Twenty-odd years ago, while on holiday in the deep Mani at the foot of the Peloponnese, I got into conversation with an old and only partially reconstructed Greek communist shop-owner. I had been showing him a bit of pottery I had found on the sea bed at Asomati, and he wanted to know what had brought me to the Mani in the first place and was it Patrick Leigh Fermor? I said no — not strictly true — and he seemed pleased. Leigh Fermor, he said — and he was not prepared to elaborate — had not been good for Greece.
It came as something of a surprise, as in those days at least Leigh Fermor’s writ seemed to run the length and breadth of the Mani — you could have filled a division with the old men who claimed to have fought alongside him in Crete — but the shop-owner would certainly not have been alone. From the days of Byron and the scandalous ‘Greek loan’ of the 1820s Greeks have always had good cause to be wary of Englishmen bearing gifts. And the villagers of Crete during the second world war — who had to watch their houses burned and their men executed in reprisal for one or other SOE action — had every bit as much reason to wonder as their ancestors had whether British help was worth the cost — who had seen the gold destined for Greece disappear into bottomless City pockets back in London.
‘What a queer set,’ the great American doctor and philanthropist, Samuel Gridley Howe, famously wrote of the phil-hellenes who swarmed after Byron to fight for Greek freedom: ‘What an assemblage of romantic, adventurous, restless, crack-brained young men.’ And in the men of the Cretan branch of the SOE we have their natural successors. In the wake of the British retreat from Crete, the island was effectively abandoned by the military, and for the next three years it became a sort of playground for the brave and gifted amateur, a home away from their bizarre Cairo home for all those swordstick-brandishing, fancy-dress wearing, regimental misfits, temperamentally better suited to the dangers, licence, heroics, excitement, hardships and romance of guerrilla warfare than to the drudgery and discipline of regular army life.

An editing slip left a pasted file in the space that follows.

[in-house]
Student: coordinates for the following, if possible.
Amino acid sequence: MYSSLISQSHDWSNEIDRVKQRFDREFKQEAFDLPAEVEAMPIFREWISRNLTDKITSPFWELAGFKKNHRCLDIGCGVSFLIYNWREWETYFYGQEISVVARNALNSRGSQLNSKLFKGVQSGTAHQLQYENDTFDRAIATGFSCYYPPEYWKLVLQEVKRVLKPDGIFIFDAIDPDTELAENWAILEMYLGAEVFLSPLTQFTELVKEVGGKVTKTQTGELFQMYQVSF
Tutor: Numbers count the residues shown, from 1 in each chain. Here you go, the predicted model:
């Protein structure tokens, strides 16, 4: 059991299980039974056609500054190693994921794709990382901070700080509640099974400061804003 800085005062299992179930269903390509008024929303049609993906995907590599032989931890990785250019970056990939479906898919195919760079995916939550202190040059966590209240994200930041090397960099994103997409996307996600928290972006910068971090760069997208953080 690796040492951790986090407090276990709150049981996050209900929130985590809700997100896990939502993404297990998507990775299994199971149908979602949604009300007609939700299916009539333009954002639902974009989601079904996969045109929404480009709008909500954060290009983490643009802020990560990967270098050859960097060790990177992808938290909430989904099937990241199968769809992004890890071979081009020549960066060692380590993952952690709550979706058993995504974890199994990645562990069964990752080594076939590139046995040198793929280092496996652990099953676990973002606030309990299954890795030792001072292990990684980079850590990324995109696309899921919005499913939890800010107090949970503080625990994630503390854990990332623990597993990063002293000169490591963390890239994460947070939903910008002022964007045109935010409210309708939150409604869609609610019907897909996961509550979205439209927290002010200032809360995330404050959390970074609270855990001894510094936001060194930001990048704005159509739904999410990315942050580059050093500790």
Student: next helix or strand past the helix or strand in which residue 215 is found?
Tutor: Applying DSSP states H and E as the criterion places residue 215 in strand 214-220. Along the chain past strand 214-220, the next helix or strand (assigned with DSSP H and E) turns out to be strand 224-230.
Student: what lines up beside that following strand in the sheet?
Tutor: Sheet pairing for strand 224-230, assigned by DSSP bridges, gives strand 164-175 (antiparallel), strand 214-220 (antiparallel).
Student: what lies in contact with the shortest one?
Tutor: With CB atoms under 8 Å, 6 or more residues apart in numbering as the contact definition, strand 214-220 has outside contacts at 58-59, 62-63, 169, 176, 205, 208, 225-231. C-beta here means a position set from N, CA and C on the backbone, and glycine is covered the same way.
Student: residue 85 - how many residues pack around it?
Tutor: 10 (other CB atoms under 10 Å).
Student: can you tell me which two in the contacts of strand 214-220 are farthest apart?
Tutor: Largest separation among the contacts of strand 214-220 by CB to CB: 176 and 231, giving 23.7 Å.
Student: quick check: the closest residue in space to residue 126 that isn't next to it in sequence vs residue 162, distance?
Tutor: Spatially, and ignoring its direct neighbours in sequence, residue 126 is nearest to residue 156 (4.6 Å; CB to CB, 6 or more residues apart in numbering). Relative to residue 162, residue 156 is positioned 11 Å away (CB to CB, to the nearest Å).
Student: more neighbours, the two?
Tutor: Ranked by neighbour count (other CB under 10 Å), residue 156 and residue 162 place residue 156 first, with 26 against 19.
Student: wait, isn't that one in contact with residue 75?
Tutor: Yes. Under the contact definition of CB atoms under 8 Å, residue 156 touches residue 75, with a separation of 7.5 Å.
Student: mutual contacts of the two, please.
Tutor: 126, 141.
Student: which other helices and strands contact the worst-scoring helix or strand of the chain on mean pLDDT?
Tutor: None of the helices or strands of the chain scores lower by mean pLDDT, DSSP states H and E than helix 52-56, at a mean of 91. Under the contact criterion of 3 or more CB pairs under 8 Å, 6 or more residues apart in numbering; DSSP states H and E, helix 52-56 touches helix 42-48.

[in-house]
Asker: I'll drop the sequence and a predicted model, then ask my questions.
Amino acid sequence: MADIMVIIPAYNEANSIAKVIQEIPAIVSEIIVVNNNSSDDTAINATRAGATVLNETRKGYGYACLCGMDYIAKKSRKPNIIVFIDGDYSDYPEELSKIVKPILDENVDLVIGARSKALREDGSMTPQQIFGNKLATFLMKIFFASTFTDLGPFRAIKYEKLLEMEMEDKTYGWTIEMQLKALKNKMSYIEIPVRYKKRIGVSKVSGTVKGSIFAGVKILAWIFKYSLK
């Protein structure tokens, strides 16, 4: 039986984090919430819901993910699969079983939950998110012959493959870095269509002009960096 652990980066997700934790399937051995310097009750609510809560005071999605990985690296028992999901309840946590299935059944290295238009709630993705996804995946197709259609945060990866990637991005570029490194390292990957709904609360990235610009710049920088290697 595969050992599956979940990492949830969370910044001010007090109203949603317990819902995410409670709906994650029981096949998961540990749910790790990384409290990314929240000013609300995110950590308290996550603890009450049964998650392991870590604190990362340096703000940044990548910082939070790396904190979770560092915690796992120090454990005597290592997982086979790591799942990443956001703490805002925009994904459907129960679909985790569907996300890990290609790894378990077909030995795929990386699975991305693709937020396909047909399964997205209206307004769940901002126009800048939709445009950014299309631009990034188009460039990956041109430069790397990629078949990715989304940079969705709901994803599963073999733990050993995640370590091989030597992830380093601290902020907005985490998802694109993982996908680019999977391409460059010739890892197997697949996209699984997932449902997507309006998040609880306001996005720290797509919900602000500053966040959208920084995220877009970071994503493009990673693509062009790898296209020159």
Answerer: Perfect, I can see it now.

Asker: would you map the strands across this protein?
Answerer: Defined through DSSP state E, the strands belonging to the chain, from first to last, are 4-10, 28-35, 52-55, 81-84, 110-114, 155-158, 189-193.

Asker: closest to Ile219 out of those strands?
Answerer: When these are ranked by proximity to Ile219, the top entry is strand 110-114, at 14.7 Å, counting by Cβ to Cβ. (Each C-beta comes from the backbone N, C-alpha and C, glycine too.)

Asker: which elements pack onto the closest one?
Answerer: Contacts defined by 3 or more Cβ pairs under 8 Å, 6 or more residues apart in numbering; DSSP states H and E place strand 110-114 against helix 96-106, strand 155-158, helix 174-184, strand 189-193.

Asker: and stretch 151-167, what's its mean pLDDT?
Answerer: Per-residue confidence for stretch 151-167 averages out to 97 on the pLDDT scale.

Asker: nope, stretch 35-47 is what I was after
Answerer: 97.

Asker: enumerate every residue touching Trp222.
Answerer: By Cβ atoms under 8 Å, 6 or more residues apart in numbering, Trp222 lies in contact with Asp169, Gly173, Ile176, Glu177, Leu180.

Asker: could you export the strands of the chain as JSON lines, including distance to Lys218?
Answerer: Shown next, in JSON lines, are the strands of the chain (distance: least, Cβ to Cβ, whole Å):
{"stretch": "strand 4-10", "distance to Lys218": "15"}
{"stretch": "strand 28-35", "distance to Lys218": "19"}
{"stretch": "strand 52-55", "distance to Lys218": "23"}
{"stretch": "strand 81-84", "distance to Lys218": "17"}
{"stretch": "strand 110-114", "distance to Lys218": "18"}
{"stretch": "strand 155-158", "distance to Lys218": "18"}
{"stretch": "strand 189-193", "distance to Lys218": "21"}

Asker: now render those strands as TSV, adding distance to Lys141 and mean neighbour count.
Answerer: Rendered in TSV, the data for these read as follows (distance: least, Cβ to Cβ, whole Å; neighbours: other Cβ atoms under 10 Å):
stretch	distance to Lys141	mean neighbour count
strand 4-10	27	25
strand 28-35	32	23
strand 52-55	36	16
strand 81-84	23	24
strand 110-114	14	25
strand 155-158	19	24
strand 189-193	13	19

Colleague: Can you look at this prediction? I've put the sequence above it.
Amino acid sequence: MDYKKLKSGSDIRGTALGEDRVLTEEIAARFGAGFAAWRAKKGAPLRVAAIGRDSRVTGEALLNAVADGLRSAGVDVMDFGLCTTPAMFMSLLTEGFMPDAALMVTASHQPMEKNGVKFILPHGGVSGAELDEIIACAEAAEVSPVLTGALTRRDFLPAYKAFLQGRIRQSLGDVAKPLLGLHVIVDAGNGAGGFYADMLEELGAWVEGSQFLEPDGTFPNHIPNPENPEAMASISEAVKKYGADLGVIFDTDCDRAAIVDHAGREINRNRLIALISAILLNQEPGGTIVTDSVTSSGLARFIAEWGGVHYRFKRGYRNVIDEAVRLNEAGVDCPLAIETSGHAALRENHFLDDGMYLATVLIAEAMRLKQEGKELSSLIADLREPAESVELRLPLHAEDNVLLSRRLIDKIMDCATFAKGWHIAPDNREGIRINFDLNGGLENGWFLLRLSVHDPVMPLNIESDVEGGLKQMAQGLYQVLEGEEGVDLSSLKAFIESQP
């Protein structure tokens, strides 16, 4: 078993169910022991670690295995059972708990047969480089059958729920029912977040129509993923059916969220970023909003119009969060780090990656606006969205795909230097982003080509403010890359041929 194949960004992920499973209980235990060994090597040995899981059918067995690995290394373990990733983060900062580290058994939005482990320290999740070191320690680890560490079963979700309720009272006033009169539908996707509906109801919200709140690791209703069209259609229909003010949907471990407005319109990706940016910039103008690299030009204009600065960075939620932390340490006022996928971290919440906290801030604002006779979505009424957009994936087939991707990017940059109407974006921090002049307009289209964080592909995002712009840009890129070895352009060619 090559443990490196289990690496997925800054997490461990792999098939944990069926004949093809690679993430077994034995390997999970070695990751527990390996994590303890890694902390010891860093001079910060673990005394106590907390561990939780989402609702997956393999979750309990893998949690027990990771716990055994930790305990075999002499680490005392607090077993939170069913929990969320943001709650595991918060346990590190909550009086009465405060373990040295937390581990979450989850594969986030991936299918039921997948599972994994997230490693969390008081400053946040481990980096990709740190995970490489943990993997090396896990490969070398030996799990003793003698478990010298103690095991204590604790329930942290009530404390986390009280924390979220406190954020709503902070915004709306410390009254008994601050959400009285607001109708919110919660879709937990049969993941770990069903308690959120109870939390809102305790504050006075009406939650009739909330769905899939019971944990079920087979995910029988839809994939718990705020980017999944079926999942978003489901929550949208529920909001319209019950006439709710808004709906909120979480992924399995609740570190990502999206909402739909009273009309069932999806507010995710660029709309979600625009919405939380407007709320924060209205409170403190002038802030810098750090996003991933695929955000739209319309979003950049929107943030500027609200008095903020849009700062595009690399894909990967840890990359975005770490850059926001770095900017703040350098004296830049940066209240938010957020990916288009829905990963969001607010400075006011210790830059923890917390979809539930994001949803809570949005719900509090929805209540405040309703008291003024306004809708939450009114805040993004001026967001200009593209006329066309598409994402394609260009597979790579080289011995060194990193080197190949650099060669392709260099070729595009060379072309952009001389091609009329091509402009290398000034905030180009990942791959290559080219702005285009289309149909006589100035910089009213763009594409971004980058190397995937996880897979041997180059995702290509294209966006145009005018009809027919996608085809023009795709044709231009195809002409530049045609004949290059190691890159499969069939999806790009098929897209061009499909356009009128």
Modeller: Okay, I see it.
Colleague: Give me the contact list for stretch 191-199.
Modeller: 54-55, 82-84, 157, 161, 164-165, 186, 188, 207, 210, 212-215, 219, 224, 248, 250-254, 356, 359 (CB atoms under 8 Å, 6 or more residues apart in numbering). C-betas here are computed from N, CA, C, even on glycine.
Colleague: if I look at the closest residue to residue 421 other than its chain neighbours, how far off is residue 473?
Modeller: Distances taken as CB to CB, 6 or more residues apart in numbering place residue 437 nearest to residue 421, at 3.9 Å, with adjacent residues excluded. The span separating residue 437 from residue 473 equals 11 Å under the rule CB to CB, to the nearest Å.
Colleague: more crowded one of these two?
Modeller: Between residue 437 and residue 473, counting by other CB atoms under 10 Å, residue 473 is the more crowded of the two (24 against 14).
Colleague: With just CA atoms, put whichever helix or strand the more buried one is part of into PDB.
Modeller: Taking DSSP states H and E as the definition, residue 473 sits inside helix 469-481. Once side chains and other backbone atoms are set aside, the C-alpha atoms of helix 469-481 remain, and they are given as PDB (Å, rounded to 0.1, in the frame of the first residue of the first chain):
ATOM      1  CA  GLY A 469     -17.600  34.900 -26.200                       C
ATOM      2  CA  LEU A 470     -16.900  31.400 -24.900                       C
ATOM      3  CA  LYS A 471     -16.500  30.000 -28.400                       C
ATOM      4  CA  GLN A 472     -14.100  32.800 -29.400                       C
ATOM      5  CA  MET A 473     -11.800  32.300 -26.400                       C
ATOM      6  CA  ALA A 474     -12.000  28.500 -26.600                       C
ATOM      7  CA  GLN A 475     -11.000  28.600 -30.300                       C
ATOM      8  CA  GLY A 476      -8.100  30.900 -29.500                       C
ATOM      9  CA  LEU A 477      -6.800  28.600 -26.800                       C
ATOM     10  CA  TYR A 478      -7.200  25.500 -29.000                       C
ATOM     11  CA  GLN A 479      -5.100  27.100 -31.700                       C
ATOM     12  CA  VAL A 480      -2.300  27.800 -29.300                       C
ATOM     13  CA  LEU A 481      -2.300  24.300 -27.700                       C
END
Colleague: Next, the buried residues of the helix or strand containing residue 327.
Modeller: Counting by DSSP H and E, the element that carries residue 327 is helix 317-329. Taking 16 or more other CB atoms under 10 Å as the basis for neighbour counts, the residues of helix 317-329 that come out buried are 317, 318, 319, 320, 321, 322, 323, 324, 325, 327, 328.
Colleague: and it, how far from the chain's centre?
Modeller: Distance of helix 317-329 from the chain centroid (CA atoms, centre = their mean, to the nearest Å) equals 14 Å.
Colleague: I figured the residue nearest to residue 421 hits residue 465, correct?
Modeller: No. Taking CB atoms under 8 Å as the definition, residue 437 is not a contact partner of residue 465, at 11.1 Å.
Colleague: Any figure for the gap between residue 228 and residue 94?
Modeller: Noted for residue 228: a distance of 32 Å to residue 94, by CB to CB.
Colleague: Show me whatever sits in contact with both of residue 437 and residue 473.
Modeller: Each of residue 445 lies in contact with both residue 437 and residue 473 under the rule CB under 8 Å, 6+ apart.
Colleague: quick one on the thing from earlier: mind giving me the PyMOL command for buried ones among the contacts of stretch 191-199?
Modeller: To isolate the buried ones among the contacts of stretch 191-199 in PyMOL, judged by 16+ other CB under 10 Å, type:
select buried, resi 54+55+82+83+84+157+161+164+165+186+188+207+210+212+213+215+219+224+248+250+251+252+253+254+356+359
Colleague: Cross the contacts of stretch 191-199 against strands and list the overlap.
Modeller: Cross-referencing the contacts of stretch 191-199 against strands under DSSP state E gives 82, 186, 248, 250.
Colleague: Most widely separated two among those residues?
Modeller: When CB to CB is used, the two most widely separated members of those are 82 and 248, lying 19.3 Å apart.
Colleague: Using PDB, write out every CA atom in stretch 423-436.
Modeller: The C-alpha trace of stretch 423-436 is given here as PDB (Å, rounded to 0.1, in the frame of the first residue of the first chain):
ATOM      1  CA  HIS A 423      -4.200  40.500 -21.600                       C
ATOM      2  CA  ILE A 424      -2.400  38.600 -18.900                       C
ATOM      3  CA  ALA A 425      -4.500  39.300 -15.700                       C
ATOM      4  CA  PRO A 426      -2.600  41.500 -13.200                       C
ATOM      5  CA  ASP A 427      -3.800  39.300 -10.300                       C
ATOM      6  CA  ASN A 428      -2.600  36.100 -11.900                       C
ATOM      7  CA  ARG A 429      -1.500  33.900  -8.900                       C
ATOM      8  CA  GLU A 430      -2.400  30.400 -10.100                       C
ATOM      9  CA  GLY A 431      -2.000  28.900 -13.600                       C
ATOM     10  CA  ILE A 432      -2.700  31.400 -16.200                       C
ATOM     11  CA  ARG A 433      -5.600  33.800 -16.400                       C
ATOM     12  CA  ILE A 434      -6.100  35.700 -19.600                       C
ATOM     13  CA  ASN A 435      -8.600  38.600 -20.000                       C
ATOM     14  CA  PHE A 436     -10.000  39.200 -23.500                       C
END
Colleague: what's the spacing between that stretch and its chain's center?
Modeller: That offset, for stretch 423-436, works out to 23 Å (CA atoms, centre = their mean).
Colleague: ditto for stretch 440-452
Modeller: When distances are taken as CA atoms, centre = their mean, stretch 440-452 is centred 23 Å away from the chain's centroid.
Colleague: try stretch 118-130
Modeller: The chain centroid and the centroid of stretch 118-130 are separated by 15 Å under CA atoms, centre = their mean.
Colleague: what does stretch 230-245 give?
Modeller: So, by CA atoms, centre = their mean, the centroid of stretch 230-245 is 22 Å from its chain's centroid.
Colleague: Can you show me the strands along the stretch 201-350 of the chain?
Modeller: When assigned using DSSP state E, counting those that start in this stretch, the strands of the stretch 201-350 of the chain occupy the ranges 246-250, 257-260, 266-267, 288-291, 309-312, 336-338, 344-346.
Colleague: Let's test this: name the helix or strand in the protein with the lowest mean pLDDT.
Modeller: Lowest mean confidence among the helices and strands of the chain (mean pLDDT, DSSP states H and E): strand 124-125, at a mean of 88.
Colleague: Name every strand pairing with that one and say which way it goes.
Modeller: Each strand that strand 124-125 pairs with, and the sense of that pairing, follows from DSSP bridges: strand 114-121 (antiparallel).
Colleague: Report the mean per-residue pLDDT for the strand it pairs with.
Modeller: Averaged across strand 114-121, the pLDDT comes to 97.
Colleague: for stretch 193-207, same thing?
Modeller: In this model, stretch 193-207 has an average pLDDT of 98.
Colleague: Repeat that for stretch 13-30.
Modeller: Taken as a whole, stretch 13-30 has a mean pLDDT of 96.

It is a moot point whether they did Greece very much more good than their Byronic predecessors — or did anything much for the wider war effort, for that matter — but that is something with which Wes Davis’s Ariadne Objective does not unduly concern itself. You would scarcely guess from this book the extent and the bitterness of the rivalries that tore apart wartime Greek society, either. This is first and foremost an adventure story and it is in the personalities and drama and not the politics of the long Cretan struggle against the occupying forces that he is interested.
It is an understandable enough bias — he has a fine cast of characters to work with in addition to Leigh Fermor: John Pendlebury, Xan Fielding, Billy Moss and the rest — but whatever the dustjacket claims, the capture of the German General Kreipe that forms the climax of the book is hardly a ‘little-known episode of second world war history’.
Davis makes a good job of holding together the various strands of a complicated narrative. But a glance at the book’s endnotes, at the long trails of ‘ibids’ that reveal his major sources for each chapter — Leigh Fermor, Fielding, Moss and Artemis Cooper’s Cairo in the War for colour and extra padding — only reinforces the feeling that for all its skill this is essentially a book made out of other books: a reworked account of a familiar story that, as Davis’s liberal use of quotations unfortunately underlines, only makes one want to go back to the originals.
It is an odd reflection on a book of this sort, too, but for a man who must know Crete as well as Davis does — he worked for two years on the excavations at Kavousi — there is curiously little feel for the physical brutality of the landscape that forms the background to his story. He is very good at giving a sense of the logistical nightmare that bedevilled SOE operations on the island, but in among the catalogue of missed rendezvous and aborted landings, of failed parachute drops and stomach-churning sea voyages, of cancelled missions and botched communications, Crete itself in all its extremes of temperature and its harsh, unforgiving terrain — the Crete that, for Leigh Fermor would always be Greece in spades, Greece ‘only more so’ — somehow fails to put in an appearance. And that is a pity.
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